Architects and Engineers are parents of the buildings they plan and design and therefore their contribution to the health and life of the building is quite significant. Once the plans are drawn the structural designs and specifications are prepared, it is then the turn of the agency to construct the building and bring the blue print to reality. Special care must be taken in the design and detailing of structures and the structure should be inspected continuously during all phases of construction to supplement the careful design and detailing.
8. Poor Maintenance
A structure needs to be maintained after a lapse of certain period from its construction completion. Some structures may need a very early look into their deterioration problems, while others can sustain themselves very well for many years depending on the quality of design and construction.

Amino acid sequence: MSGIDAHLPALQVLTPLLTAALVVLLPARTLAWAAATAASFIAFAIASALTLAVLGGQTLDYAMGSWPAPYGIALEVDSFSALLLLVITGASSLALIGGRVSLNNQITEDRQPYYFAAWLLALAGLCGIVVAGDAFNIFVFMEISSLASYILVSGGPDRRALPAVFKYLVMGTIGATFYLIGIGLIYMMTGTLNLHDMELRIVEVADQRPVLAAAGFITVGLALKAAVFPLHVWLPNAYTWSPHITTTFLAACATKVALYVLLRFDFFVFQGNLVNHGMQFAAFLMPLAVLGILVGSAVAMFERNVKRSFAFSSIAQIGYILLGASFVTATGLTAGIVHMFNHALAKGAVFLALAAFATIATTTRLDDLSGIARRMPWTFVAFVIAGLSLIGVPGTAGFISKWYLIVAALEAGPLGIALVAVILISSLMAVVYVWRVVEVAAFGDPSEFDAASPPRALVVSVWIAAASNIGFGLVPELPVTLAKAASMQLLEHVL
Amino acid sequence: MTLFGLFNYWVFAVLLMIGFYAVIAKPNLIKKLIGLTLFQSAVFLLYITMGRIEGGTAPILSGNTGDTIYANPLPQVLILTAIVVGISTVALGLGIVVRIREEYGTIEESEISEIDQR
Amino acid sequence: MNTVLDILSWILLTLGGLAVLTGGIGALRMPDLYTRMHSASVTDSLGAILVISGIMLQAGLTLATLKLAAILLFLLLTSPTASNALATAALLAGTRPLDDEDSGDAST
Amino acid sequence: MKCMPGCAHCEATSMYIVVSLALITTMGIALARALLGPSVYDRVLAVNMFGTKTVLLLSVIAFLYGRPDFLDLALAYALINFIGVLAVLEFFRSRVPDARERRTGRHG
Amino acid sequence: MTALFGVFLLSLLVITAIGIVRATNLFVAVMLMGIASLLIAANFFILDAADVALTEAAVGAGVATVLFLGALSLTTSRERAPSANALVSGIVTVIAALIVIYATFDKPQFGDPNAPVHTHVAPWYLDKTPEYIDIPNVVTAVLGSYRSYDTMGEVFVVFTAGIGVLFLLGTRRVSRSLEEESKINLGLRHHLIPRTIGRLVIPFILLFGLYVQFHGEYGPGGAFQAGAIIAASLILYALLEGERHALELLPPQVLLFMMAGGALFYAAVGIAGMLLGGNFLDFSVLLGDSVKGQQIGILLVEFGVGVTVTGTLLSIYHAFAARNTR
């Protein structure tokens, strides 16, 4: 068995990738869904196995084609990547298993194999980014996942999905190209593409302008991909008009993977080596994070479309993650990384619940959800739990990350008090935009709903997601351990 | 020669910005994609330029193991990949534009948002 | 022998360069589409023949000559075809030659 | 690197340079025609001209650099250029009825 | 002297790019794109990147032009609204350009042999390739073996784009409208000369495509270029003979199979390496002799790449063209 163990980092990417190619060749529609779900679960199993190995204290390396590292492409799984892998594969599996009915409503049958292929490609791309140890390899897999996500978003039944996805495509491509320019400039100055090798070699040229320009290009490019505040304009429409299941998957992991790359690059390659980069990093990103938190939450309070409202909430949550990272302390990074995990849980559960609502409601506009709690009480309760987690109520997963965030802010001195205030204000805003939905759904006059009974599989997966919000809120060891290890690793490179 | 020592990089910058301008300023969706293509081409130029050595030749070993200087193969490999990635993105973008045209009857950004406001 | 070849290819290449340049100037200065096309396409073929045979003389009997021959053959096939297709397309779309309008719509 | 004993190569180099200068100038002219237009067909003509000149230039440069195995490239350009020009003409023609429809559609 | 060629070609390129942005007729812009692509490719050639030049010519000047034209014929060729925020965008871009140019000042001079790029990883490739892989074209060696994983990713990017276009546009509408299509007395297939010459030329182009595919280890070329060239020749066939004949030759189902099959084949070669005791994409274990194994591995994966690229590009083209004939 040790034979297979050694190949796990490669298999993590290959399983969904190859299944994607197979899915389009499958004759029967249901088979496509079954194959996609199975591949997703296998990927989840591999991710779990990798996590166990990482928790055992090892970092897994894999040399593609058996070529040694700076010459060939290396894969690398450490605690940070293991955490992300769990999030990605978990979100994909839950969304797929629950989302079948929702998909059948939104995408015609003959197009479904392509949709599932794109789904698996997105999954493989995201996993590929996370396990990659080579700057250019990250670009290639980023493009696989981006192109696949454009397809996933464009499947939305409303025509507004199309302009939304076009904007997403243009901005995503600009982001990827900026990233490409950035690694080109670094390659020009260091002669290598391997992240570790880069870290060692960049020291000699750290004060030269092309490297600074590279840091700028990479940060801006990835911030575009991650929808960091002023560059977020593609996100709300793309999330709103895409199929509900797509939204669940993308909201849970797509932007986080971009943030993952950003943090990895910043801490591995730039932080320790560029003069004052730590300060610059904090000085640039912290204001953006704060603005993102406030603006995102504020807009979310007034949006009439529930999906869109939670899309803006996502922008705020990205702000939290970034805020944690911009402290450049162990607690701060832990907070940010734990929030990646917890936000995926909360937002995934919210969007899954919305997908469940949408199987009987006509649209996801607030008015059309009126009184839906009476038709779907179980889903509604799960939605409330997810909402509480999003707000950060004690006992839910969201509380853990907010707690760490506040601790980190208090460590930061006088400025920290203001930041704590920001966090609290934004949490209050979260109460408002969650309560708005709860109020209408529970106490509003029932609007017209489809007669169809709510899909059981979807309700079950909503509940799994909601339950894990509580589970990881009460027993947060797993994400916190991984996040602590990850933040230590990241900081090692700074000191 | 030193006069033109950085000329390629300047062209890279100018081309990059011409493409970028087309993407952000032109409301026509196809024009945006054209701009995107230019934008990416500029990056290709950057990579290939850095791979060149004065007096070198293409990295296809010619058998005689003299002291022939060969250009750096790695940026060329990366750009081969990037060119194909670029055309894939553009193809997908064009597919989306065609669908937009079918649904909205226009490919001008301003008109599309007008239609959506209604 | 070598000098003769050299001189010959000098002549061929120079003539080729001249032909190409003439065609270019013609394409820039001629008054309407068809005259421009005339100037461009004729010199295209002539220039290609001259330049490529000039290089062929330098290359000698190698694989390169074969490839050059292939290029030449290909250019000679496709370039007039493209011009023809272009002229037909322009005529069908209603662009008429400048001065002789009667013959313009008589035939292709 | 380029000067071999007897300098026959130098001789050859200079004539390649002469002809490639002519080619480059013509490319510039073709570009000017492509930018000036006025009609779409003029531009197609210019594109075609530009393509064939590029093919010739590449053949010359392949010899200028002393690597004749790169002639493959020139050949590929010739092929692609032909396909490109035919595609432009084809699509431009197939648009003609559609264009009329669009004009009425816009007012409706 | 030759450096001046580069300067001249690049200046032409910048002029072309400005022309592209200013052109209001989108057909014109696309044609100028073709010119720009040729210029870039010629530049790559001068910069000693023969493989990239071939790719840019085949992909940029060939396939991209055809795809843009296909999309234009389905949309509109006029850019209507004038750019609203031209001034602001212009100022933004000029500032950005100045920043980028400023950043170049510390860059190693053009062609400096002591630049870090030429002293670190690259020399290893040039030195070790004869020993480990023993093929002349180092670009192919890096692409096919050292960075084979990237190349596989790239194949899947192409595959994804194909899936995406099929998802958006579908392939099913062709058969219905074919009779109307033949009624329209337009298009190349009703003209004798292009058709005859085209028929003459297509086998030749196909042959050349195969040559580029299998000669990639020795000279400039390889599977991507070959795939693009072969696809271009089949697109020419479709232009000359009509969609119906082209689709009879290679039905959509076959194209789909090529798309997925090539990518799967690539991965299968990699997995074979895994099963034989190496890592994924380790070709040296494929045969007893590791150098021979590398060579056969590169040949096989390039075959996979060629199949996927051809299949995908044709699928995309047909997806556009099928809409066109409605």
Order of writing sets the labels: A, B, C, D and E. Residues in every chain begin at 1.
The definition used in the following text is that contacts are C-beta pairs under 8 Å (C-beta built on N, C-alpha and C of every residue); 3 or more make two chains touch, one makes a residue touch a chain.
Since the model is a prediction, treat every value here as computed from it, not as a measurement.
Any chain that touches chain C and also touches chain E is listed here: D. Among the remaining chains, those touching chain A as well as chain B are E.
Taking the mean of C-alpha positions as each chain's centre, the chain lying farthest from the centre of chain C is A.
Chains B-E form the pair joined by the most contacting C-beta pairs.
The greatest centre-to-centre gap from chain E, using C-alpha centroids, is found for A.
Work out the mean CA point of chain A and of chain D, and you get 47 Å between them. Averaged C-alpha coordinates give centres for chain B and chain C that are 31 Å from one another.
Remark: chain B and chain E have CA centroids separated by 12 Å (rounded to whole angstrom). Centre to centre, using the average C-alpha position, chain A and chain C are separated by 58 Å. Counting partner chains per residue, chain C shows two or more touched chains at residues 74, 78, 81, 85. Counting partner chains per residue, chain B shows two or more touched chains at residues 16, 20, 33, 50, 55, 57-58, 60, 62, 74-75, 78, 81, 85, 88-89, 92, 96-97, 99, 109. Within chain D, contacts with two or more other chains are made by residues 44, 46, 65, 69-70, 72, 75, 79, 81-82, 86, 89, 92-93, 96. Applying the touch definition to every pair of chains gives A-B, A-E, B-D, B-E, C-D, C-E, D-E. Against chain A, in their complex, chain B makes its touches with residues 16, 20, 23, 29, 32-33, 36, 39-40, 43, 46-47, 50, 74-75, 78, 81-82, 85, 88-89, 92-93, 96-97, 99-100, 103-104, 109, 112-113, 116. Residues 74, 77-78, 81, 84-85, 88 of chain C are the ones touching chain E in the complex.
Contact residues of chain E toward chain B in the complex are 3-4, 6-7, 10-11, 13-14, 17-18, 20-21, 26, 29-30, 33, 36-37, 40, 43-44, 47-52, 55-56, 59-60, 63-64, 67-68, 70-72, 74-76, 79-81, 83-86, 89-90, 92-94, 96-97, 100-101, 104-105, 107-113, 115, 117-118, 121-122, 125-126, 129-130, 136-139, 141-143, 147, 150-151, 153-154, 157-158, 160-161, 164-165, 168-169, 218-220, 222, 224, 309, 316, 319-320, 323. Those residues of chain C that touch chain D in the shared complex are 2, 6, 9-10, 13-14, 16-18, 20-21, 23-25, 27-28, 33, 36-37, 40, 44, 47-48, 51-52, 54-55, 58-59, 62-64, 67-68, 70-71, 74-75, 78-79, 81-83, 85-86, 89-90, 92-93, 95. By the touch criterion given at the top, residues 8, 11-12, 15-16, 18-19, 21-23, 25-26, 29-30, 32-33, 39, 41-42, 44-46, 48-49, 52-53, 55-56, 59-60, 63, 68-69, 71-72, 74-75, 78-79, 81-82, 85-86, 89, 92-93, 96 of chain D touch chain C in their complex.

Leakage from roof slab
Leakage from roof slab
Spalled concrete due to corrosion of steel
Spalled concrete due to corrosion of steel
Regular external painting of the building to some extent helps in protecting the building against moisture and other chemical attacks. Water-proofing and protective coating on reinforcement steel or concrete are all second line of defence and the success of their protection will greatly depend on the quality of concrete.
Leakages should be attended to at the earliest possible before corrosion of steel inside concrete starts and spalling of concrete takes place. Spalled concrete will lose its strength and stiffness, besides; it will increase the rate of corrosion as rusted steel bars are now fully exposed to aggressive environment. It is not only essential to repair the deteriorated concrete but it is equally important to prevent the moisture and aggressive chemicals to enter concrete and prevent further deterioration.
9. Movement due to Chemical reactions.
The concrete may crack as a result of expansive reactions between aggregate containing active silica and alkalines derived from cement hydrations. The alkali silica reaction results in the formation of swelling gel, which tends to draw water form other portions of concrete. This causes local expansion results in cracks in the structure.